Originally Posted by Deborah
Okay, here is the big question.
Are the studies "proving" that MMR isn't connected to autism deliberately structured to miss the relevant children? To avoid collecting the inconvenient data?
We don't want to see that there is a connection between the MMR and sick children who are being labeled as autistic.
We will do studies that deliberately avoid looking at the actual sick kids, or if the studies do look at the actual sick kids we'll look at as small a group as we can possibly manage...And we'll set up the studies so the results can't possibly verify the existence of these children or the connection between their symptoms and the MMR.
The problem is, it's tough to have it both ways.
You can do a big epidemiological study that by its very definition can only tell you about population-level trends. If your study is really huge, you might be able to pull out some useful subgroup analyses. And at most, you can say that your data don't support a connection between, say, MMR and autism at the level of the population.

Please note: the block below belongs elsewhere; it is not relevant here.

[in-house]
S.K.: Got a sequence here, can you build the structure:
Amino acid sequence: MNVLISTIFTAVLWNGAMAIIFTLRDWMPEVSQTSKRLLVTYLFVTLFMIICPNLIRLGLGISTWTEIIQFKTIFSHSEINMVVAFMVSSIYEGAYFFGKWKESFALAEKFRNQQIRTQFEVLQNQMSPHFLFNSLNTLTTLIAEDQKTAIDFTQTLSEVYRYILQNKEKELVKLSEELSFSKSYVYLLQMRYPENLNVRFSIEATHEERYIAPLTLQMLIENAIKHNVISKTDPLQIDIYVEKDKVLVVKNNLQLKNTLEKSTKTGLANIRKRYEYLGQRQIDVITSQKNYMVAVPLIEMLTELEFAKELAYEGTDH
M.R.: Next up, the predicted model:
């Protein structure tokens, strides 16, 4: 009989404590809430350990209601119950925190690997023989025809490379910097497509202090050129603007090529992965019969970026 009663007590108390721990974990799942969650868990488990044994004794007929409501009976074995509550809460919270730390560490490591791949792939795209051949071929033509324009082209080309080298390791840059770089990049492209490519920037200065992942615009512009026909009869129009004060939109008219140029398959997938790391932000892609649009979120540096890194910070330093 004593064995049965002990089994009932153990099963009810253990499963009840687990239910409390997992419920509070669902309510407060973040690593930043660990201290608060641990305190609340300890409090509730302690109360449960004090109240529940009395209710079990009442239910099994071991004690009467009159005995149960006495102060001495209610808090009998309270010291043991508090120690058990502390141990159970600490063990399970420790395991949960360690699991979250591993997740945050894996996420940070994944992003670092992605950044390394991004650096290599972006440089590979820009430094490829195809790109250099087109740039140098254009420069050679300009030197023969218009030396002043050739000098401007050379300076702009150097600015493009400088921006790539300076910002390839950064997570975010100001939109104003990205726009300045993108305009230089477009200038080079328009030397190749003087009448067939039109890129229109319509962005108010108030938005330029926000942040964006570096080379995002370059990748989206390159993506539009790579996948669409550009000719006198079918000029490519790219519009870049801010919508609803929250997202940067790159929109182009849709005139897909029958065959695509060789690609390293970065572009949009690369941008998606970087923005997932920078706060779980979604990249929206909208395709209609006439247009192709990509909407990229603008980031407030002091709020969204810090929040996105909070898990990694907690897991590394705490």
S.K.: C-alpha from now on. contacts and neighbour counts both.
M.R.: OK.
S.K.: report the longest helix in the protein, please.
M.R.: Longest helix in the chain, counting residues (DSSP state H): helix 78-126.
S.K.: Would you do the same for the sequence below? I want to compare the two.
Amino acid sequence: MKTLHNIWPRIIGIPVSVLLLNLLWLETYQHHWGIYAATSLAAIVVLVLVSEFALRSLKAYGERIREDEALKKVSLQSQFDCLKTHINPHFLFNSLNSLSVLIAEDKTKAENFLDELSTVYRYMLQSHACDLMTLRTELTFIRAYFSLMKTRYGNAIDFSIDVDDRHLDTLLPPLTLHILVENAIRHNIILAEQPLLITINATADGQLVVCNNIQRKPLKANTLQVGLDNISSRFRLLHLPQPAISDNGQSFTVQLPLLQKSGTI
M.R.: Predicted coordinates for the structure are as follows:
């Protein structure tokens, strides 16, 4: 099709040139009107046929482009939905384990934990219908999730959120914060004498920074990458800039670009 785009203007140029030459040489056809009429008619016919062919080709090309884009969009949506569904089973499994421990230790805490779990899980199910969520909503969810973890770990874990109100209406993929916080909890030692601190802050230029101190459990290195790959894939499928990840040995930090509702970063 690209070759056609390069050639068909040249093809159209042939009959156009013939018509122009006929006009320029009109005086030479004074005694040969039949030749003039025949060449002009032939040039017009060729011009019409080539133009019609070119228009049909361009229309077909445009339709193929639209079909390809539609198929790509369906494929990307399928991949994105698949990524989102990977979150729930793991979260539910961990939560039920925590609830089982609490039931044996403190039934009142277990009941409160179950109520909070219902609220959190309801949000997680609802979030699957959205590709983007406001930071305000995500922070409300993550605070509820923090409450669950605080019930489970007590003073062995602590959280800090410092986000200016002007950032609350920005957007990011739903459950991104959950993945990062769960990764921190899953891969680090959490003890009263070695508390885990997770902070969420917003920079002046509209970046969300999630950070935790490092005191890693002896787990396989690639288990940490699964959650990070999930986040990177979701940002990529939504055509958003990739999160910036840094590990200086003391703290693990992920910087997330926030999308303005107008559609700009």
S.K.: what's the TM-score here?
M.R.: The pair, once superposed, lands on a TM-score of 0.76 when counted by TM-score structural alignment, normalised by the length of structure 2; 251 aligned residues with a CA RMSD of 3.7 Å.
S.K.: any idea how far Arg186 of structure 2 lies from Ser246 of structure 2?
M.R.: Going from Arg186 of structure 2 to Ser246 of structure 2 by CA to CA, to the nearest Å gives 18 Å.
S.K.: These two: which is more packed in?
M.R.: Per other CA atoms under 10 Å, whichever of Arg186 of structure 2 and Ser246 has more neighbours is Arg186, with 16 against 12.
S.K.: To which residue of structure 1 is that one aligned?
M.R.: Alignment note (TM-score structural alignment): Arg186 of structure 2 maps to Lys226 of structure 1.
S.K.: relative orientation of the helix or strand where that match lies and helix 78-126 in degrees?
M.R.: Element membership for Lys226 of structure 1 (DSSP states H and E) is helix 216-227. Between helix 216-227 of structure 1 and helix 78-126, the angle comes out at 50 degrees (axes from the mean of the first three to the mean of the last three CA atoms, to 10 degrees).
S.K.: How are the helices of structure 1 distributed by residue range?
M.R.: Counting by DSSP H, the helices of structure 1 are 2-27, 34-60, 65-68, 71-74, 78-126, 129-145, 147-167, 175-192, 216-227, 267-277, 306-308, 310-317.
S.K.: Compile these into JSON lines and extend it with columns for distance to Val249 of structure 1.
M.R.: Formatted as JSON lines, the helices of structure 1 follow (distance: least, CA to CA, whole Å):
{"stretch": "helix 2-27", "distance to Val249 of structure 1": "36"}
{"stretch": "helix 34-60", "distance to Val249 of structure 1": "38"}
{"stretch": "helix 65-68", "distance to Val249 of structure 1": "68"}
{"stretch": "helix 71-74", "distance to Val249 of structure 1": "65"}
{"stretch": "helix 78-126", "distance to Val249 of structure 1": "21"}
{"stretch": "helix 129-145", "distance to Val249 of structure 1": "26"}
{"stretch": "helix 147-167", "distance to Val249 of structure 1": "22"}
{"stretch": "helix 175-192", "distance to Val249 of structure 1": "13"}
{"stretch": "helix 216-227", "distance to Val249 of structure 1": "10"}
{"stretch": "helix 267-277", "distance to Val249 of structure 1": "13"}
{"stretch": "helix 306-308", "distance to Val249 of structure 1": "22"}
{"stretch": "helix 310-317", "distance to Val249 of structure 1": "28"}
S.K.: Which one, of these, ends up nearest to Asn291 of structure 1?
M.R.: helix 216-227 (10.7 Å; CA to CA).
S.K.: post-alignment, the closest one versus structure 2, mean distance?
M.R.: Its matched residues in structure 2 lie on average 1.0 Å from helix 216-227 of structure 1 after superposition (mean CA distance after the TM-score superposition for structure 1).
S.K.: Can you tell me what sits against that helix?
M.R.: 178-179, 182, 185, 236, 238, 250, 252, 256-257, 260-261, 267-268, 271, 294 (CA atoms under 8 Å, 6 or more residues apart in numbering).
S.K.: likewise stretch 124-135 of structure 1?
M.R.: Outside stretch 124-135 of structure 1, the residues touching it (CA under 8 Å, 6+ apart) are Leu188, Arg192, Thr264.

Or you can do a small targeted study in the lab, one that looks at individual kids. Apologies -- I only skimmed the first study, but it seemed to involve kids with GI symptoms + autism vs. GI symptoms + no autism, all of whom had undergone endoscopy. It involved actual biopsy specimens, and subjected those tissue samples to real-time PCR to look for measles. This is no trivial undertaking. It's no surprise that the numbers in this kind of study are tiny. And what can you say at the end? Well, we didn't find any more measles in one tiny group of kids versus the other. But you can't say anything about the group as a whole.
They're very different types of studies, performed in very different conditions (offices vs labs), by very different types of scientists (clinical vs basic) with very different types of training (MPH vs PhD in molecular bio).
As for the spin, well, that's coming from many different places. The scientists themselves are eager to get press, the press is eager to sell airtime (or ad space). True, there's a big desire to maintian the status quo, but I don't see it as a giant hush campagin.
From my reviews, the epidemiological evidence is limited in any given study, but starts to become more persuasive when several studies from different countries show the same thing. And the biomolecular data is intriguing but has the potential for major flaws that send everybody barking up the wrong tree (still have to review those studies).